The first question here is:
Do you need to purchase a license to use a song or do you want to obtain the copyrights of it?
- The license allows you to use that song in another form of creation such as a video, an ad, a radio spot, a video game or an app, for example.
- Obtaining the copyrights will allow you to get all the rights of that work. It will become your entire property and all subsequent benefits arising from it.
Please note that the more popular is the song, the more expensive will be obtaining the rights and licenses and the harder will be to get them.
If you came here searching for the first option, we recommend that you read these two articles previously published in our blog: music for movies and music for commercial use, because in them we break down all the necessary steps to get the proper licenses. It will help you to understand the difference between protected music and royalty-free music and where to find each type.
This industry can be really messy if you don’t know its ins and outs, so it’s better to take your time to be well informed of all the rights and obligations involved in it.
How to buy or acquire the copyrights of a song
If you actually want to buy the copyright of a song for whatever reason (maybe to buy it as an investment), we will go through these steps:
- Determine if the song is under copyright or is under public domain.
- Identify and contact the rights owner or the artist.
- Negotiate the price.
- Transfer the rights.
Determine if the song is under copyright or is under public domain.
For a song created in the USA, you might check this table. Europe extended also in 2011 the years for the copyright holders from 50 to 70 years for musical recordings made within the EU, so the first step will be to discover where and in what year was created the song you want to acquire.
Is also important to differentiate if the song you want is the original or a cover made by someone else. If it’s a cover, we will have to contact the artist who made that version and his record company.
Contact the artist or the owner of the rights
Depending on whether the band or artist are famous or not and whether they have used a record label to record their songs it will be more or less easy to get to talk to them. In any case, you will have to use your wits to contact them.
If they are indie authors eager to get more exposure, surely is going to be easy to contact them through its website, social networks or Soundcloud profile, or even calling them on the phone.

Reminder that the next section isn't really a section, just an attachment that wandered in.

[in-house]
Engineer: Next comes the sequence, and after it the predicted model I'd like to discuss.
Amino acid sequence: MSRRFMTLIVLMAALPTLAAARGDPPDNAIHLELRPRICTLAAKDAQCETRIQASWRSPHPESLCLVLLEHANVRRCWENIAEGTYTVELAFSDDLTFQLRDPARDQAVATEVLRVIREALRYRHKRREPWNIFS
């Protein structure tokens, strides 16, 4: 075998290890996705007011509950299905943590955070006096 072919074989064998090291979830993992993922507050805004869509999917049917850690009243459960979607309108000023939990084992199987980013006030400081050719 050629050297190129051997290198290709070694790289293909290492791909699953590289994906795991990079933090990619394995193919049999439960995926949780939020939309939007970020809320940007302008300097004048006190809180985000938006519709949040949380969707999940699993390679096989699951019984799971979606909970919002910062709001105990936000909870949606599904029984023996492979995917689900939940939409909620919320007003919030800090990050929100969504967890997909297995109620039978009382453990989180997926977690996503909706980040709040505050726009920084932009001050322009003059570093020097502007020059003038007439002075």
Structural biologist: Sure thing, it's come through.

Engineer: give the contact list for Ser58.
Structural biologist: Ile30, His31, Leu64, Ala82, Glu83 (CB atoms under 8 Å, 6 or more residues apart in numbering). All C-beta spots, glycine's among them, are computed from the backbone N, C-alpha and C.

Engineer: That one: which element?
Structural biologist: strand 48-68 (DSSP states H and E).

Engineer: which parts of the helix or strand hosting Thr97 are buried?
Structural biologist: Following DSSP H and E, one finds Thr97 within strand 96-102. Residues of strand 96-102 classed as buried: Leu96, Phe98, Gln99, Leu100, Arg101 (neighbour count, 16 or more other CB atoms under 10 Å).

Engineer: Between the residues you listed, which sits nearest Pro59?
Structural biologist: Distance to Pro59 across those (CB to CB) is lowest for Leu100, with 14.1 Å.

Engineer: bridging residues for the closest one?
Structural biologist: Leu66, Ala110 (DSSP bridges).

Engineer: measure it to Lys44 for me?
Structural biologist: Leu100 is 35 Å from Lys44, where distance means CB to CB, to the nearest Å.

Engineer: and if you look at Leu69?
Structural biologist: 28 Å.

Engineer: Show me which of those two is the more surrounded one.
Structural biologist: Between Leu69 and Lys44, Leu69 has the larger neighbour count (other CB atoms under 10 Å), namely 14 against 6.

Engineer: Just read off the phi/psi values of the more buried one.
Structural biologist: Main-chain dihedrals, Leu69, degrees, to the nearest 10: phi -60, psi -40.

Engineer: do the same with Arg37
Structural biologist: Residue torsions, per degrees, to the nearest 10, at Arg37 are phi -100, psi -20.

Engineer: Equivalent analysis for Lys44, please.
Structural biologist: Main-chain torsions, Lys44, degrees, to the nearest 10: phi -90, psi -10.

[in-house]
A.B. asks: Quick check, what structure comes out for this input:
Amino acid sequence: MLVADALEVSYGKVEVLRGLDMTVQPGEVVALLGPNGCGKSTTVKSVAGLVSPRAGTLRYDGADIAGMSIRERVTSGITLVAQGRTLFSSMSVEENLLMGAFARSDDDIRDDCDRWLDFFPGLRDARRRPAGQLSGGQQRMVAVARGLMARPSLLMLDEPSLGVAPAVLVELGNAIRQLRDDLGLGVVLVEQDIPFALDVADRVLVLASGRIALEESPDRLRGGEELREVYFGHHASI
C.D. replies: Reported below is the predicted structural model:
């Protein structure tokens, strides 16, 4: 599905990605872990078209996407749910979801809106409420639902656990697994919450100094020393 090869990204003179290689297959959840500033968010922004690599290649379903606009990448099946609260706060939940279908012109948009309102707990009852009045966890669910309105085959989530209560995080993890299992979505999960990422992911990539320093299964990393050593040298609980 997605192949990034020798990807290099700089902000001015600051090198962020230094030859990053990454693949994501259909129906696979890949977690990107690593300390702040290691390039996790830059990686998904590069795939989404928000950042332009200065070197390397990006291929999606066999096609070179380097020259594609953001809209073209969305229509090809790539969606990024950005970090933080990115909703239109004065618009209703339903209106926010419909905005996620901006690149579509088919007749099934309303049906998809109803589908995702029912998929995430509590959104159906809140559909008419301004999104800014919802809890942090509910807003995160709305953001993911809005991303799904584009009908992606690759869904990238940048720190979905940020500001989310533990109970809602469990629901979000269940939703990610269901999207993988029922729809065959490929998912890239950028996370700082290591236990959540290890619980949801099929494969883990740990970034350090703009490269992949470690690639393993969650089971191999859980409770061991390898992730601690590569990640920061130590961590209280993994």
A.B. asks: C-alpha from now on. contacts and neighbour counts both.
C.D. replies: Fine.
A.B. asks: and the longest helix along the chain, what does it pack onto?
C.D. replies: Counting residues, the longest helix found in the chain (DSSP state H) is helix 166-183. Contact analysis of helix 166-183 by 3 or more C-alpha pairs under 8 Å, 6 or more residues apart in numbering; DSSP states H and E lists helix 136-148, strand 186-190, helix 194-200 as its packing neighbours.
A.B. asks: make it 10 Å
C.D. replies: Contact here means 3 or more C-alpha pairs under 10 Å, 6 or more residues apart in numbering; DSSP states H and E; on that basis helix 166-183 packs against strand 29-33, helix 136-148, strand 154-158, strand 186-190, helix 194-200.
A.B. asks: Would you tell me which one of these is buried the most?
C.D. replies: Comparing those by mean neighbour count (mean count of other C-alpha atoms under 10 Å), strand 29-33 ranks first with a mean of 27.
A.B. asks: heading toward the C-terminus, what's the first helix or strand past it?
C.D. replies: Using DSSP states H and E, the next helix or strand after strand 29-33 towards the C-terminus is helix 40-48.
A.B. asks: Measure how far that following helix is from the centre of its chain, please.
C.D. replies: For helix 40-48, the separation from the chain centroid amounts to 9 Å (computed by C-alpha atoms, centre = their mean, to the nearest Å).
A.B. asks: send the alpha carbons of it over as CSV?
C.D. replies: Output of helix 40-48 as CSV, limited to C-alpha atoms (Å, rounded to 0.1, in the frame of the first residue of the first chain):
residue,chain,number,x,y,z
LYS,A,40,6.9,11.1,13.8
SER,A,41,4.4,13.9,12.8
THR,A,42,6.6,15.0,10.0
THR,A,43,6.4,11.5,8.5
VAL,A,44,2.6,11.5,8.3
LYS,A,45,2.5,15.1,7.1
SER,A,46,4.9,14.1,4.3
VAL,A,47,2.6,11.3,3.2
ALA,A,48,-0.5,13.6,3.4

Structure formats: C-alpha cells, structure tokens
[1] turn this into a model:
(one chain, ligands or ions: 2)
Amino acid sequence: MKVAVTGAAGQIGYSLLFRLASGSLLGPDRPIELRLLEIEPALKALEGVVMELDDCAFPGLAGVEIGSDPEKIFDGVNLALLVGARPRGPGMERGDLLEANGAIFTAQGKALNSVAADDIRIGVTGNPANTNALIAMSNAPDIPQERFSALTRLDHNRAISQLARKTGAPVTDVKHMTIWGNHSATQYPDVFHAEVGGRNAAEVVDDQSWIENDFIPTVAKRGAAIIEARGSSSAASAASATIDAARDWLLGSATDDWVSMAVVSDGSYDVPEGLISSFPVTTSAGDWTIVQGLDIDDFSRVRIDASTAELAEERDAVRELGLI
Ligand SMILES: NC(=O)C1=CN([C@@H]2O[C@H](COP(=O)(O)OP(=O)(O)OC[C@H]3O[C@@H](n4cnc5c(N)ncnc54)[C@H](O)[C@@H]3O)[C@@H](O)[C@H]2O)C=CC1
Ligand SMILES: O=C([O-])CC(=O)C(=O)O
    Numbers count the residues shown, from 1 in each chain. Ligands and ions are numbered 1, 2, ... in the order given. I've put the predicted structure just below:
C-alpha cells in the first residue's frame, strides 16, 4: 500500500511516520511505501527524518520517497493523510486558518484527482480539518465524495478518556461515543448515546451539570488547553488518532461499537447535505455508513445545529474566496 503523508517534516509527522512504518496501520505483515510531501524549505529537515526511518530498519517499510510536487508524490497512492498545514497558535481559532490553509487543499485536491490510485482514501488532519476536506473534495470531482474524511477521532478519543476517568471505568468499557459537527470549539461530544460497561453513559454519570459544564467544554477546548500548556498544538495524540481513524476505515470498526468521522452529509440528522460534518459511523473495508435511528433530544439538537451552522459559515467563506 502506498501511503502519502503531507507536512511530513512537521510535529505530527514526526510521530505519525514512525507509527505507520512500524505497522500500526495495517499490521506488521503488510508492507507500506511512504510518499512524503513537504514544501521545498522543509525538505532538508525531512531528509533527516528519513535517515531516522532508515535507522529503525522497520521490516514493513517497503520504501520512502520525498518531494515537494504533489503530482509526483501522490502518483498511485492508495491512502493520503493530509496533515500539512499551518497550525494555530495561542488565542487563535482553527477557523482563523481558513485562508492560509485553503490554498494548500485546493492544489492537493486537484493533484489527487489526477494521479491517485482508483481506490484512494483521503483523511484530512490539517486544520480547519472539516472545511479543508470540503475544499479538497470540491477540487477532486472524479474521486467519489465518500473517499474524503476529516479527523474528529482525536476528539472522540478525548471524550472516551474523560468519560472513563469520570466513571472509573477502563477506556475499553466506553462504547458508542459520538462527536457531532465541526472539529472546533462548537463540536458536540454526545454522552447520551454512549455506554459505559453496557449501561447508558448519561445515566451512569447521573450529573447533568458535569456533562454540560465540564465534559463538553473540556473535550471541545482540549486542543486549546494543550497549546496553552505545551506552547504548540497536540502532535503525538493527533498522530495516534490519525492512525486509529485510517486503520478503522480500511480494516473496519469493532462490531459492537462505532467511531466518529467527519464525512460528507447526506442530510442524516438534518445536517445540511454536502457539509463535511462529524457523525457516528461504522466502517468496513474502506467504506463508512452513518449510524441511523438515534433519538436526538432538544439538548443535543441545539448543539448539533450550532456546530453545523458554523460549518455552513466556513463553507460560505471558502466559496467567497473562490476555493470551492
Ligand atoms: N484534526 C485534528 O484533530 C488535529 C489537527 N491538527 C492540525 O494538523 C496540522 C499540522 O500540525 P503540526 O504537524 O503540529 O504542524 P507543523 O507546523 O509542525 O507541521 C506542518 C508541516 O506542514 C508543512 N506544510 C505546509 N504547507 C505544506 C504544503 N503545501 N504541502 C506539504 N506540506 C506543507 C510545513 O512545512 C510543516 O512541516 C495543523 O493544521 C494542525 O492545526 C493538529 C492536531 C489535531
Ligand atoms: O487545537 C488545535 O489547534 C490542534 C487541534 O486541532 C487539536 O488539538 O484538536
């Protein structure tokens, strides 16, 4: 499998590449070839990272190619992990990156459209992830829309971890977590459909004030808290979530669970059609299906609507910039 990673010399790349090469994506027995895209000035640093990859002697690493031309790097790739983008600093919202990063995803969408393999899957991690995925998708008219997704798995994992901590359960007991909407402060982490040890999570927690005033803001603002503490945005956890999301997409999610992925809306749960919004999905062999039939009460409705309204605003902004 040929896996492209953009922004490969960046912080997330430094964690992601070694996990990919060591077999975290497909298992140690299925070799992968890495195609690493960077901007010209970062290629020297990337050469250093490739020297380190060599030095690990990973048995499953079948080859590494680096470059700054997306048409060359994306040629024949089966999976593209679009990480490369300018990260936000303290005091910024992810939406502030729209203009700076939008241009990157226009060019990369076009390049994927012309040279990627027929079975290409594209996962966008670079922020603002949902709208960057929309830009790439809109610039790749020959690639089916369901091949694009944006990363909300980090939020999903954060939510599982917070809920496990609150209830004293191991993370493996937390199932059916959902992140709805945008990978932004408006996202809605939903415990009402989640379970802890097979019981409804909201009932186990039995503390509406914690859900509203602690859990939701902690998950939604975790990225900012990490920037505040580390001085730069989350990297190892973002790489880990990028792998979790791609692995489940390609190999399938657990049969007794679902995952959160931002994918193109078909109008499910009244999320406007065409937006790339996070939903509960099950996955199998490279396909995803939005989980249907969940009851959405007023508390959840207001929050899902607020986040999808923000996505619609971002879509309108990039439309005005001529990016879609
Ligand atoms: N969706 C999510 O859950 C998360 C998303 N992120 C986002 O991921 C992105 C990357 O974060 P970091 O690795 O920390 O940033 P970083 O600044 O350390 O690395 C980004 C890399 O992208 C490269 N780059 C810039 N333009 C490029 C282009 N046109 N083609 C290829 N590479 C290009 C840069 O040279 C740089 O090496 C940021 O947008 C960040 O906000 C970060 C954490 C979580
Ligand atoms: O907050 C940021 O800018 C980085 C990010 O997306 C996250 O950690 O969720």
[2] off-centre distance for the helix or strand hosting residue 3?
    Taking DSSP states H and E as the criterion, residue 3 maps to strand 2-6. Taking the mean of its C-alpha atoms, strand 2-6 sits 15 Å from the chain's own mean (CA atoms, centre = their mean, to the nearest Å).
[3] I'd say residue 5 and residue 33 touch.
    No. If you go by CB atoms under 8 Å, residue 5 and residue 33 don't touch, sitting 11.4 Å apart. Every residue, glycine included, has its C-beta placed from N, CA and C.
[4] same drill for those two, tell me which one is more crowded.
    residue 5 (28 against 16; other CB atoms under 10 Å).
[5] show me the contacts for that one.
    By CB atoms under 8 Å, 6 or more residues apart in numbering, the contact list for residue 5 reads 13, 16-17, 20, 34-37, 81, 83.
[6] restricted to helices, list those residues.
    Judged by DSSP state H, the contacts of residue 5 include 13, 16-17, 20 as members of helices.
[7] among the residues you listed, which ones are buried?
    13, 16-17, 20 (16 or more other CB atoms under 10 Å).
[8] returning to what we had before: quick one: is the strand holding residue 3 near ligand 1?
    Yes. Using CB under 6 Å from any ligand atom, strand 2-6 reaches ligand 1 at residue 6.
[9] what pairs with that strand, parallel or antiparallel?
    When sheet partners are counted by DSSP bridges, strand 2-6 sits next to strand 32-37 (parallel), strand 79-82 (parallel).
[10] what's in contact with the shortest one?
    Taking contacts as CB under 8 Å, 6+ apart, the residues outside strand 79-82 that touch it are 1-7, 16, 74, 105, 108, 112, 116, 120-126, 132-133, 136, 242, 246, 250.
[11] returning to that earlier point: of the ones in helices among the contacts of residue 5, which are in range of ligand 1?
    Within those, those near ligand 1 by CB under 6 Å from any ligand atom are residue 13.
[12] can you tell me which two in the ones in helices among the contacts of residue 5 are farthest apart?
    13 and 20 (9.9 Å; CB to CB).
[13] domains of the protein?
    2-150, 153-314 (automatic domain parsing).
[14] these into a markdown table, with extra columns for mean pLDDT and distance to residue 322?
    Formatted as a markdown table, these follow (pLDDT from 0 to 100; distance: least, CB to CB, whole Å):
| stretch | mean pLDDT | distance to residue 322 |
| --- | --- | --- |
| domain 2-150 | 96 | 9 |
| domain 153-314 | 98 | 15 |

If they are a famous artist it gets tricky, since the rights of his work can be distributed between the artist or owner of the song and the record label and contact them might not be so simple.
If you have a physical CD, for example, you can look at its cover, because there will appear all the necessary names and perform a search on Google will lead to some contact form.
Sometimes it is even necessary further investigation since it is possible that the copyrights have passed from hand to hand throughout the years.
Negotiate the price
Here there are no references, all boils down to a full-fledged business negotiation. The owner of the rights will ask a number, you will give him another lower and so on until an agreement is reached … or not.
Often artists are very attached to their creations (for them his song is “a child”) and ask exorbitant prices for them and other times, however, the artist will be happy to see how their work is recognized by others as something valuable and worth buying… and will have no problem in negotiating amicably.
It is true that, based on previous experience of current and past sales of a song, you can make a rough estimate of its future economic performance, but in this scenario is worth more the good old negotiation skills that the presentation of estimated numbers.
Transfer the rights
Once you reached a verbal agreement and before making the payment, it is essential to hire a good lawyer who knows the industry so you can make a written contract with the terms that have been negotiated. It has to have all possible future scenarios and the obligations of all parties involved in the process.
Never trust only verbal agreements, because in a later dispute you will not be able to prove anything in front of a judge or mediator.
We recommend you reading also this article about how to know if a song is copyrighted.